Sunday, January 30, 2011

Atoms, Motion & the Void: "On the Winning of a Wild Bed"

My latest cover for Sleeves' subscription-only CD series. I'm pleased that the final art is pretty close to what I saw in my head while listening to the story--that almost never happens. I wanted to try something with a whimsical storybook vibe, like Ezra Jack Keats with the added decorative element of the little fairytale images on the bedcover. I'm disappointed I couldn't figure out a way to identify Sherwin with his iconic hat, but it seemed it would make the image too cluttered.

Just for fun, here's some initial thumbnails I did. I kept trying to come up with an alternate composition, because I thought I wouldn't be able to pull off the one I had in mind. I thought my idea for the bedcover pattern was hopelessly ambitious.

My rough sketches for the characters on the bedcover...

...and the final vector art rendering. I could have just sketched these out in photoshop, but I thought they needed the crisp lines that you get with Adobe Illustrator to distinguish them from the main drawing. There's a knight, a dragon, a castle, a princess locked in a tower; then from C.S. Lewis a faun, a lamppost and the White Witch; and it seemed apropos that Alice's rabbit make an appearance. After all my worrying that I would botch this, I knocked out the actual art in an hour or so.

Friday, January 07, 2011

Richard Kuklinski

I just got done reading "The Ice Man", Philip Carlo's amazing biography of one of the more notorious monsters the Western world produced in the last century. I want to mention here that I have never owned a Charles Manson t-shirt, or a painting by John Wayne Gacy, or ever even watched "Dexter". Serial killers are not my thing, but Carlo's book is quite fascinating.

Richard Kuklinski was the top porn distributor (legal and otherwise) in New York in the 70's, and that was his veneer of respectability. His real job was a contract killer for the Mafia. And even that amounted to passing in straight society, because he was also a voracious serial killer who maybe killed as many people for his own reasons as he did for pay, and that's no small number. He wasn't the skulking, pervy kind of serial killer, he was a loyal (though abusive) family man who quietly went out looking to get into street fights so he could take guys out face to face. He was a huge guy, gifted with near-superhuman strength (if his wife needed a refrigerator moved, he'd just pick it up), a catlike ability to stalk quietly, and what can only be described as a predator's sixth sense for danger that kept him alive and out of trouble with the law over a thirty-year career. The guy could have been friggin' Batman had he been so inclined, but as it happened his upbringing left him a straight psychopath.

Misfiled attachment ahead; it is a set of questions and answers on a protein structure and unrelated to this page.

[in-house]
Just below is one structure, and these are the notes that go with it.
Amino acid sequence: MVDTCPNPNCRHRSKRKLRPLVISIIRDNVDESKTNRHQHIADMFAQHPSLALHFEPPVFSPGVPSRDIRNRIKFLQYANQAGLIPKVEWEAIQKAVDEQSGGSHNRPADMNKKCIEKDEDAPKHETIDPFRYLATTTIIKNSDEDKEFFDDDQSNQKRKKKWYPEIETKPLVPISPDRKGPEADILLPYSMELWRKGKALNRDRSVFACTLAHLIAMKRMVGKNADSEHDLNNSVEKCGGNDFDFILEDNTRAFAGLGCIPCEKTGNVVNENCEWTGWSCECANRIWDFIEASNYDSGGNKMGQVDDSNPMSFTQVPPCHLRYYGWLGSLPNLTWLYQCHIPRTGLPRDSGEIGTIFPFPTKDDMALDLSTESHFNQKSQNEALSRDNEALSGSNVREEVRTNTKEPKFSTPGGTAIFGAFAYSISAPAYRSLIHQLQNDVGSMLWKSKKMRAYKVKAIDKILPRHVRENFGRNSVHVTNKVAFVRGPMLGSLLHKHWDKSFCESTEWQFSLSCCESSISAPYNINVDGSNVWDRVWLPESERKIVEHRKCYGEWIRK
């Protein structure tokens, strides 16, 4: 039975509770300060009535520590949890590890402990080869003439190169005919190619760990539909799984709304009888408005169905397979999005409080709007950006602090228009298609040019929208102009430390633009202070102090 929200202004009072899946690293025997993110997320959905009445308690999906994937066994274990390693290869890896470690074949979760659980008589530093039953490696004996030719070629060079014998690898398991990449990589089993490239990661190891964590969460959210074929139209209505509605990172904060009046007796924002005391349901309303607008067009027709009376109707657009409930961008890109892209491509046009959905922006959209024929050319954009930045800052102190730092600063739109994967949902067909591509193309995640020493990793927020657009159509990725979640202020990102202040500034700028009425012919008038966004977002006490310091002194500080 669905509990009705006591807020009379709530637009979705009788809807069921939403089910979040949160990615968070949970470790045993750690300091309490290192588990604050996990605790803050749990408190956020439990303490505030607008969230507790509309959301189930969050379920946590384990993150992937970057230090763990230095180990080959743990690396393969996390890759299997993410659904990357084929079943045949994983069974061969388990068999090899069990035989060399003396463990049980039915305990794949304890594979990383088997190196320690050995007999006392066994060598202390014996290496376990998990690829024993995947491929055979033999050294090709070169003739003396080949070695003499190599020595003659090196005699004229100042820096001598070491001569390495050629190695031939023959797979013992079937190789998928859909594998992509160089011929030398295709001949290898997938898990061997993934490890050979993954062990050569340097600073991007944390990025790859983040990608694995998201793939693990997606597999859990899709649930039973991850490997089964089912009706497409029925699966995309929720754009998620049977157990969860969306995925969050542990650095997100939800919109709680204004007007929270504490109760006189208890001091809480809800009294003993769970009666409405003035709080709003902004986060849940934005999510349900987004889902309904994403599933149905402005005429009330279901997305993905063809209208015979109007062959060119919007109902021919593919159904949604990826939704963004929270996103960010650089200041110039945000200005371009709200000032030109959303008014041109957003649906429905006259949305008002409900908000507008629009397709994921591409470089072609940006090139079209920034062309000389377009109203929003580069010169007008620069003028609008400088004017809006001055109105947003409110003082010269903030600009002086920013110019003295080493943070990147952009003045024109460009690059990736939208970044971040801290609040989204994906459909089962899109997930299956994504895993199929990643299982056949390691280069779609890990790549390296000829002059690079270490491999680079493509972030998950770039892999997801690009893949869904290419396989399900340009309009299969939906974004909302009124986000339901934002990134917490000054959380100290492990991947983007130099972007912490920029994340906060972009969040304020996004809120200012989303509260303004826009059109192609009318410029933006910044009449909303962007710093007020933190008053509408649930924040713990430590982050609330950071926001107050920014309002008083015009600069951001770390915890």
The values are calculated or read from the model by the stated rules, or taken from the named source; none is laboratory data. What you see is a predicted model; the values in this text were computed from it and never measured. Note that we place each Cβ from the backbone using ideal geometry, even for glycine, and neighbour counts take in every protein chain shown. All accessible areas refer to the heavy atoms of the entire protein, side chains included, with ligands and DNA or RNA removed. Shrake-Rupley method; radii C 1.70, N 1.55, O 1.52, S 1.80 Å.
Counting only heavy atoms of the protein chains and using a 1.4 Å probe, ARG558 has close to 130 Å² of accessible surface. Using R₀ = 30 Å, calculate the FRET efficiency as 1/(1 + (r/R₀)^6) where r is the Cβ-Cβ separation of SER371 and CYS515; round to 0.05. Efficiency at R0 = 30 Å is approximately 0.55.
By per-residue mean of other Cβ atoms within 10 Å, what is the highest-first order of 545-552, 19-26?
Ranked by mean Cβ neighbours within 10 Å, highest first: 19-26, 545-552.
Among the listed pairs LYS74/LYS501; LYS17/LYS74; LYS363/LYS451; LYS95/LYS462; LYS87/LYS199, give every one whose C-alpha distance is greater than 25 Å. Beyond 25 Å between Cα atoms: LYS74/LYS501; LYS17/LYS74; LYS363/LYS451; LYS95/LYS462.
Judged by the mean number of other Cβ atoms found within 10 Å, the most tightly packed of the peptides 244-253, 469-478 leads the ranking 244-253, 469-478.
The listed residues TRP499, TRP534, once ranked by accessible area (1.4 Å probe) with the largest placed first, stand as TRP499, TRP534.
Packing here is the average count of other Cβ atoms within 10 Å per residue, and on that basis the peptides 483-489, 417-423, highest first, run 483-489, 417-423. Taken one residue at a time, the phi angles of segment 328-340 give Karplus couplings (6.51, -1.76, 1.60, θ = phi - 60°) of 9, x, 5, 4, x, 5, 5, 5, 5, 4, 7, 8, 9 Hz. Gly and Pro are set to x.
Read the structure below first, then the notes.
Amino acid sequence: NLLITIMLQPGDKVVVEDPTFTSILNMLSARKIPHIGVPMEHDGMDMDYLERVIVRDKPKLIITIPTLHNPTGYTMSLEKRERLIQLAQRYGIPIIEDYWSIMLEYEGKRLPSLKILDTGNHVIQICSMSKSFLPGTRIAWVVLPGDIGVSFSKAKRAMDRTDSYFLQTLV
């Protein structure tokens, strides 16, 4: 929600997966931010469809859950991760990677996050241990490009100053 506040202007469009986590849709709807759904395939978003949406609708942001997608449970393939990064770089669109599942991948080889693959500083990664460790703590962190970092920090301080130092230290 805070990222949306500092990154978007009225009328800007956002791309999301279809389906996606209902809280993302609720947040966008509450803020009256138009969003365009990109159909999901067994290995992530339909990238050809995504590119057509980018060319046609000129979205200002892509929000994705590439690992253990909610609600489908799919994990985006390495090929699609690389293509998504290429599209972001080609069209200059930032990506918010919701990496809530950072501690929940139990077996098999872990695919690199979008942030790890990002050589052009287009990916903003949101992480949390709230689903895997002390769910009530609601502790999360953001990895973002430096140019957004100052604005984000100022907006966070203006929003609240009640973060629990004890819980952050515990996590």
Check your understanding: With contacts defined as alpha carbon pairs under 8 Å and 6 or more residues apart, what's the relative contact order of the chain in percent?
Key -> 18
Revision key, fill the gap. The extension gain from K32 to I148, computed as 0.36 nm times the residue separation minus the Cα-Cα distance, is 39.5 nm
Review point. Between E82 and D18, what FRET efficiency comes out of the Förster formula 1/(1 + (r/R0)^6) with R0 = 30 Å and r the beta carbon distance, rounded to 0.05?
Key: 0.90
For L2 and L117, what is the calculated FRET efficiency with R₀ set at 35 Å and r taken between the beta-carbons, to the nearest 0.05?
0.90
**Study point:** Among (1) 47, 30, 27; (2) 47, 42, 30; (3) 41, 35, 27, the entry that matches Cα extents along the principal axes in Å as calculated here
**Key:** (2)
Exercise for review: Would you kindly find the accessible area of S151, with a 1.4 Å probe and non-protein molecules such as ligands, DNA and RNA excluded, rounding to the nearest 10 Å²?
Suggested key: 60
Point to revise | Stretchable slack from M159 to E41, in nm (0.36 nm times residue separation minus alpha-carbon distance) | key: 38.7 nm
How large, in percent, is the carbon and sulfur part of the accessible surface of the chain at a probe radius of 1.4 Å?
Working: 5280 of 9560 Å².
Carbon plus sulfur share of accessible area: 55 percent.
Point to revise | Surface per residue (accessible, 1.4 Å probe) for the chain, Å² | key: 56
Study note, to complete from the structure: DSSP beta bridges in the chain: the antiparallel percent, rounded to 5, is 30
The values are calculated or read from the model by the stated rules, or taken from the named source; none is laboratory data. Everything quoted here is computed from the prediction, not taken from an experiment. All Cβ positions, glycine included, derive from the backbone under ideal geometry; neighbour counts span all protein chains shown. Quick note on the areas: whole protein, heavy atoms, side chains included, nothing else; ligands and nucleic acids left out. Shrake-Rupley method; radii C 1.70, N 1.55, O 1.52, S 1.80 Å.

What's truly amazing about Carlo's book is that he so methodically lays the building blocks of Kuklinski's psyche that you almost start feeling like you understand why he took the path he did.

Sunday, January 02, 2011

Presenting the Robot Monster Hoodie!

Bunche put up a facebook profile pic wearing a jacket that he had brilliantly retrofitted from the top half of a gorilla suit that had outlived its usefulness. Since I'm pretty sure that usefulness at least partially consisted of being part of a Halloween costume of the 1950's Z-grade sci-fi flick "Robot Monster", it struck me as a good idea to go all the way with it.

Here's Steve in his gorilla jacket...

...and his original "Robot Monster" costume in all its glory, from our Marvel Bullpen days.